By Samuel Wenocur, Esq.

Gov. Phil Murphy signed the Diane B. Allen Equal Pay Act (EPA) into law on April 24. Effective as of July 1, the EPA amended the New Jersey Law Against Discrimination (LAD) making it illegal for an employer to discriminate in compensation and other financial terms of employment based upon a person’s inclusion in any protected category, such as but not limited to race, sex, gender identity, religious affiliation or sexual orientation.

A violation of the EPA occurs each time an employer pays an employee a discriminatorily differential wage, and the employee “may obtain relief” for the entire period of the discriminatory pay up to six years. The EPA also amends the LAD to protect employees from retaliation by an employer for sharing information with legal counsel or a government agency, and prohibits employers from preventing employees from sharing with each other their terms of employment.

The EPA’s amendments to the LAD include a provision specifically enunciating the circumstances under which an employer may pay a different rate of compensation to an employee and still comply with the act. For example, a pay differential will not violate the law if the employer can demonstrate that the difference results from a seniority or merit system or if the employer can show the following affirmative defenses:

• That the differential is based on one or more legitimate, bona fide factors other than the characteristics of members of the protected class, such as training, education or experience, or the quantity or quality of production.

• That the factor or factors are not based on, and do not perpetuate, a differential in compensation based on sex or any other characteristic of members of a protected class.

• That each of the factors is applied reasonably.

• That one or more of the factors account for the entire wage differential.

• That the factors are job-related with respect to the position in question and based on a legitimate business necessity. A factor based on business necessity shall not apply if it is demonstrated that there are alternative business practices that would serve the same business purpose without producing the wage differential.

If successful at trial, the judge shall award the aggrieved plaintiff(s) three times the economic damages suffered by the plaintiff(s) by the unlawful treatment. If such claims are pursued administratively rather than judicially, the director of the New Jersey Division on Civil Rights (DCR) also has the authority to award triple damages.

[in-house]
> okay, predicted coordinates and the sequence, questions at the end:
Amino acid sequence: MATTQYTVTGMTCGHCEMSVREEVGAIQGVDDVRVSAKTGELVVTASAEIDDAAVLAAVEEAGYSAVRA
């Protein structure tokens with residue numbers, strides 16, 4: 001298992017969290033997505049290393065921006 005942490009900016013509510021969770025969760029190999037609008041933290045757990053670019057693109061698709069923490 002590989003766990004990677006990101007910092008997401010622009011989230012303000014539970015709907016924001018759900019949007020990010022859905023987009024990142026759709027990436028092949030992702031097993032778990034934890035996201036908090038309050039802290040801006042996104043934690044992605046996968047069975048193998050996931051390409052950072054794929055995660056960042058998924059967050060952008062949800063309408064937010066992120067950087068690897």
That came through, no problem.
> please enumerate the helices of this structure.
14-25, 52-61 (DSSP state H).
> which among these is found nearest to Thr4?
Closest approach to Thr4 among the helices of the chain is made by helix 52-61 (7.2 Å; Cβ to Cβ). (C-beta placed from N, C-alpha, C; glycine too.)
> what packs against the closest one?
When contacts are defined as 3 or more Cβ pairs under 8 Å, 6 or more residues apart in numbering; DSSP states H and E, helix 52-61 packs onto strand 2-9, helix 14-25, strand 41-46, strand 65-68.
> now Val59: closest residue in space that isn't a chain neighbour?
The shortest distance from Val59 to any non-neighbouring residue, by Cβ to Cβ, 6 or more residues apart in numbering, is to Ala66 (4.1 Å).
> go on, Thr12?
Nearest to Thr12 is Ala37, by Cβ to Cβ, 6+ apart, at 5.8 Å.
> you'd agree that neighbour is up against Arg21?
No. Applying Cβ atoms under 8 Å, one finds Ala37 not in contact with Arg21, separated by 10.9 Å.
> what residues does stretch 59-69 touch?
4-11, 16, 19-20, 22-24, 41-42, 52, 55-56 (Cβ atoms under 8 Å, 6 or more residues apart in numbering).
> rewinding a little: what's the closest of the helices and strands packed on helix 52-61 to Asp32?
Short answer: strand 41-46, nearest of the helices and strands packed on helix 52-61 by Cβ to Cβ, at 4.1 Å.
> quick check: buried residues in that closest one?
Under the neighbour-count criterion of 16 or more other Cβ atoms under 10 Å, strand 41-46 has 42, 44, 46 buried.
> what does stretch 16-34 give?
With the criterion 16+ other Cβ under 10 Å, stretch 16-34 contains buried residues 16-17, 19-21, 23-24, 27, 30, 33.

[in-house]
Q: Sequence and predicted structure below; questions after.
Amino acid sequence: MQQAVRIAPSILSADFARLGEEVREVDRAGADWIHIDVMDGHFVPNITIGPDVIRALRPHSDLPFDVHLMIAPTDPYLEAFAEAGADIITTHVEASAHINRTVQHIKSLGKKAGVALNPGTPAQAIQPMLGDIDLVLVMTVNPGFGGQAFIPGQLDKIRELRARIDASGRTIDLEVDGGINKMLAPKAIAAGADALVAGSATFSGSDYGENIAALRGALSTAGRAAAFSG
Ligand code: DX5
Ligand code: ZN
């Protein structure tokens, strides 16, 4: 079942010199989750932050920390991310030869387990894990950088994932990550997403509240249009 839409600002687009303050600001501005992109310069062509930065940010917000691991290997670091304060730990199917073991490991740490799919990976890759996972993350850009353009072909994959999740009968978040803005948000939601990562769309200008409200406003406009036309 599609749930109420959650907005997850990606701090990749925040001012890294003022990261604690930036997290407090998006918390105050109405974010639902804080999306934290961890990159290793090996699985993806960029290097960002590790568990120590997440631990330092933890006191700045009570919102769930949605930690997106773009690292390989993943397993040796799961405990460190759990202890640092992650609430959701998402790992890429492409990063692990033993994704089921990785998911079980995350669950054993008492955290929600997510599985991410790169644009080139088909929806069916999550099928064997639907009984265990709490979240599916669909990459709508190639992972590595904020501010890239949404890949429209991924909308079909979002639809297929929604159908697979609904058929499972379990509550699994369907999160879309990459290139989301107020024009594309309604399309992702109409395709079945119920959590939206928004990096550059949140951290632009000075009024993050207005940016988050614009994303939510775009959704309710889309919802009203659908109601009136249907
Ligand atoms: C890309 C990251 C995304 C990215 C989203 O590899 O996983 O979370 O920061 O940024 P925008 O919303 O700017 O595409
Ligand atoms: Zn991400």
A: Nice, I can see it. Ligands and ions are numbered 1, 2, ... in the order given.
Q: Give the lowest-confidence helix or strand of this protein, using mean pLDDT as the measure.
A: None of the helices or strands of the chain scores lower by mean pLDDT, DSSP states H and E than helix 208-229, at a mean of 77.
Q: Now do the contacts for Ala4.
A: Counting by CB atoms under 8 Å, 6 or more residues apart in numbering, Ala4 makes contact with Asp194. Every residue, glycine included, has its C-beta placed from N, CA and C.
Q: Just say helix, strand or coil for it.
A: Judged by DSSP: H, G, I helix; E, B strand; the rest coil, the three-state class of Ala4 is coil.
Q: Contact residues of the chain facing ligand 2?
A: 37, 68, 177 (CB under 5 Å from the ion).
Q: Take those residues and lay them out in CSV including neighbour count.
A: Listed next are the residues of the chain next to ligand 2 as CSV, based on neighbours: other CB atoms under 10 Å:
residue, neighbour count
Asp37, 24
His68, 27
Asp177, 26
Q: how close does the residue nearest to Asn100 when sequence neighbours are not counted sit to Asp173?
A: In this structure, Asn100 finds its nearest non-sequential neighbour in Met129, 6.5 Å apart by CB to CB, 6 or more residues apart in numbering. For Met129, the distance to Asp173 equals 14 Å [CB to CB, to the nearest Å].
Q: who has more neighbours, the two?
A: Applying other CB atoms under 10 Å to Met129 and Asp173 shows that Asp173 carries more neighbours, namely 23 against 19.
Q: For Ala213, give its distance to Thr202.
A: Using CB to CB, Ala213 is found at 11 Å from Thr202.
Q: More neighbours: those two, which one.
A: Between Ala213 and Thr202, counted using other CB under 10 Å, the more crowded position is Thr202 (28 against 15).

Under the EPA, employers who contract with a public body, such as a school district, to provide certain services must identify, in writing, to the state the compensation and hours of its employees broken down by gender, race, ethnicity and job category. This information will be made available to the DCR and, upon request, to any employee of the employer during the relevant timeframe of the contracts or any employee’s authorized representative.

If an employee can demonstrate a difference in pay between members and nonmembers of protected categories performing substantially similar work, the employer now has the burden to meet the five-factor test or else the employer will face the potential for liability for violating the EPA and, if found so liable be responsible for paying triple damages consisting of the difference between the two differential salaries for up to six years. Because of these changes, the EPA has been hailed as the gold standard for wage discrimination laws and the strongest protections in the nation.

EPA, school districts and the local association

The most obvious potential application of the EPA within school districts is with an employee’s initial placement on the salary guide. As intent is not a necessary element for an EPA claim, a school district will have to demonstrate an affirmative defense if two employees performing substantially similar work are placed at different levels of the same salary guide. An employee’s subsequent movement up a salary guide would not necessarily serve as an affirmative defense since it would not cure the defect of the lower salary caused by the lower initial placement.

In addition to initial placements on the salary guide, the EPA’s application in school district may be significantly further reaching due to the law’s expansive language. As the EPA is breaking new ground nationally in pay discrimination, there is no obvious comparative statute elsewhere in the county to study how it will be used. But with the EPA’s low burden of proof and the high threshold for establishing an affirmative defense, all parties must take the EPA into account when negotiating either individual contracts or broader, unit-wide agreements. 

Samuel Wenocur is an NJEA network attorney and a partner at Oxfeld Cohen, PC, which specializes in all aspects of labor law, employment law and workers’ compensation law.

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